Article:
Following that hospitalization, Taylor became a patient at the UMass Memorial pediatric diabetes clinic, however, she didn’t go very often.  She earned her GED (I assume) and attended Johnson & Wales University in Providence.  She graduated in three years with a bachelor’s degree in hospitality with a concentration in fundraising & philanthropy.  “During college I felt defeated and controlled by diabetes,” she said.  “My habits were so bad that the thought of getting T1D under control was very overwhelming.”

She felt embarrassed and ashamed to seek help.  “I had been doing poorly for so long that I couldn’t stand the thought of being lectured about it on top of being so hard on myself,” she admitted.  “Mentally, I wasn’t able to deal with it, so it was easier to just ignore it and stay in survival mode like I had been.”

taylor-connor-jwuIt wasn’t until after graduating and starting her first job that Taylor took diabetes seriously.  “I finally had the means and resources,” she said.  “Many people don’t understand everything that’s required to manage diabetes.  It’s much more complicated than simply taking meds and watching what you eat.  It takes time, money and emotional energy.”

After college she transitioned to the adult diabetes care team.  “I told them I was finally ready and willing to put in the work,” she said.  “It was like starting all over again, like I was newly diagnosed.”  She tested blood sugars throughout the day, took her prescribed insulin and met with her care team regularly.  Her care team adjusted her insulin and she met with a Certified Diabetes Educator who got her on an insulin pump for the first time.  “That pump was life changing,” she said.  “For once in my life, I felt I was in control of my diabetes and not the other way around!”

Her A1c dropped from 13.2% to 8.2% in the first 45 days using the pump.  After three months, it was down to 7.1%.  “That was the first time I ever tested in the 7’s,” she said.  “That’s when decided to become a nurse and help others feel empowered with their health.”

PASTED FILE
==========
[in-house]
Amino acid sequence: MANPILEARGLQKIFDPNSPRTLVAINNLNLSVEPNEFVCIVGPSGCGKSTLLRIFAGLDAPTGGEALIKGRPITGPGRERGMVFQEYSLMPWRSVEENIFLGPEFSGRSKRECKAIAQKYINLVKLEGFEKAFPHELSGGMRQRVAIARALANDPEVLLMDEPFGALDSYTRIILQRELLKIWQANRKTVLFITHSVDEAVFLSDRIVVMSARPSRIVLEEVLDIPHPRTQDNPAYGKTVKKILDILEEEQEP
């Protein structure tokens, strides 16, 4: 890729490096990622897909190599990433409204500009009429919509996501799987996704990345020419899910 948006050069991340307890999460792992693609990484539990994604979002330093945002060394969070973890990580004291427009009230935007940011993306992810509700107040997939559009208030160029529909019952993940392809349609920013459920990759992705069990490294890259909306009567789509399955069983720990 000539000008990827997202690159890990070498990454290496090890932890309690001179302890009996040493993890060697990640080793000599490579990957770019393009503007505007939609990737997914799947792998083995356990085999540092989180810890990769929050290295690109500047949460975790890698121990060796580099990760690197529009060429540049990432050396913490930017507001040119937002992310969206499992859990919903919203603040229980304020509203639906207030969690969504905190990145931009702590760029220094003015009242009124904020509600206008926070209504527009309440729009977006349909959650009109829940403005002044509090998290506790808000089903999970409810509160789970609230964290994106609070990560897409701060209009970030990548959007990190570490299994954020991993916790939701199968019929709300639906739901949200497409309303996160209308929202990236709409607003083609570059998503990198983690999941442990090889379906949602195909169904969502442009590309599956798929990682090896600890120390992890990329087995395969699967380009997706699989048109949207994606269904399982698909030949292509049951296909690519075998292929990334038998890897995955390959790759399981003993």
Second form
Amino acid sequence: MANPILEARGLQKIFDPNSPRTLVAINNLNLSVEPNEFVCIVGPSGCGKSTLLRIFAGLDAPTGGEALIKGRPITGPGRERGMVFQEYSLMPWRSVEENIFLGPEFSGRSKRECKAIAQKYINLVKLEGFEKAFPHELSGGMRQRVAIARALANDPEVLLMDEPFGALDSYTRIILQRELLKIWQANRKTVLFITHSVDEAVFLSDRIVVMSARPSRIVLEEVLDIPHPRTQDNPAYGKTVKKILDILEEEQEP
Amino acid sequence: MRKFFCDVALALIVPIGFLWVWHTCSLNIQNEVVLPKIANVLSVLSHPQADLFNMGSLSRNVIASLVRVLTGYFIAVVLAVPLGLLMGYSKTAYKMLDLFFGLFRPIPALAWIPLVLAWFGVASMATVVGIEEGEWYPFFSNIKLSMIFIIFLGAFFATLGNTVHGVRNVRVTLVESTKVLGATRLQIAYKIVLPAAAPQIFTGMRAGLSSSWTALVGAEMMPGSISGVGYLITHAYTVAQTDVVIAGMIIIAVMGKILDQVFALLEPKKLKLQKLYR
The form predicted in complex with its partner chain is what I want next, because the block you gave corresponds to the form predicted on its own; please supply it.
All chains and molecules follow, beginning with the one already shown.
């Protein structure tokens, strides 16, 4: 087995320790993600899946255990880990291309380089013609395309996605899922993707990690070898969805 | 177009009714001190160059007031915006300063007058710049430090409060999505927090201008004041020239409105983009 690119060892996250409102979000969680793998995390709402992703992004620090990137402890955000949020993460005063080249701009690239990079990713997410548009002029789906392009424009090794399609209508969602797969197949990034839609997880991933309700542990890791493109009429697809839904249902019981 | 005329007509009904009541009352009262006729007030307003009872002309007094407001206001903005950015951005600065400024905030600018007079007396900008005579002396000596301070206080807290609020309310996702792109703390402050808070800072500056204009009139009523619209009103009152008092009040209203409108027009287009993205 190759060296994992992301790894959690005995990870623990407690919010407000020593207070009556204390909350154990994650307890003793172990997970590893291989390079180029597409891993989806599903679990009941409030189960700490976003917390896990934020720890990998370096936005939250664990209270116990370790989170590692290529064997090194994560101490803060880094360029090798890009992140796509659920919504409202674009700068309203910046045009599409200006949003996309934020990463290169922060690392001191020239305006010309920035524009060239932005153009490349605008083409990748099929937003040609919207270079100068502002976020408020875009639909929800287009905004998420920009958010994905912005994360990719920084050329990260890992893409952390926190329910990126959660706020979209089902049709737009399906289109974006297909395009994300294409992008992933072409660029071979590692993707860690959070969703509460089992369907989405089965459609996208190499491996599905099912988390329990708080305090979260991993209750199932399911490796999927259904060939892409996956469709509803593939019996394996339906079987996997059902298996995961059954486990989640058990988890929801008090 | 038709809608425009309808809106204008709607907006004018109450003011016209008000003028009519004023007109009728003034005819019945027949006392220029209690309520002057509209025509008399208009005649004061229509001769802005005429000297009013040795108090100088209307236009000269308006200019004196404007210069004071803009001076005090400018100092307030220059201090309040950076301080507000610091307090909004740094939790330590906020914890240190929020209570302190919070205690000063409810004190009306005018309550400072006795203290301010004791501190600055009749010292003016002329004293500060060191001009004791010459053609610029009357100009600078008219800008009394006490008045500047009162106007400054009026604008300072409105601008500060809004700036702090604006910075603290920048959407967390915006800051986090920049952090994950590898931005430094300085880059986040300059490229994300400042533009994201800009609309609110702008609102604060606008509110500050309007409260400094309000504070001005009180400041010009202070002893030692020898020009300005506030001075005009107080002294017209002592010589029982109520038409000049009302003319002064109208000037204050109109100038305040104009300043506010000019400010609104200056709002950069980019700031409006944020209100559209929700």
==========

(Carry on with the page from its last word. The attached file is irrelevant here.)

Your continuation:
In the Fall of 2016 Taylor started Nursing School at MCPHS Worcester and graduated from their accelerated 16-month program.  She was hired right away at UMass Memorial as part of the new graduate program and currently works in Employee Health Services.

taylor-connor-umass-memorial (1).pngShe plans to become a Certified Diabetes Care and Education Specialist (CDCES) and work in the diabetes clinic.  She wants to be a role model and help people manage diabetes.  “I could never tell people to make changes and put in the effort if I wasn’t doing the same,” she said.  “I wear my CGM and pump with pride. I love when people ask about my devices or diabetes because it lets me educate others about T1D."   

In February 2021 there was concern with her kidney function due to abnormal albumin/creatine levels.  After researching healthy eating plans, she decided on a vegetarian/vegan diet.  She still enjoys meat and animal products but eats them less frequently.

Her advice to people struggling with diabetes is to be honest and upfront with your care team.  “I regret not being forthcoming with my struggles and my lack of resources,” she said.  “Your diabetes care team will do their best to help with any obstacles, including finding transportation to and from appointments and obtaining affordable supplies and prescriptions.”

She used to feel that her diabetes was constantly in the way of living a happy life, but today she no longer feels that way.  “Today my diabetes is in the background and just flows with my lifestyle rather than being a constant dark cloud hovering over me!”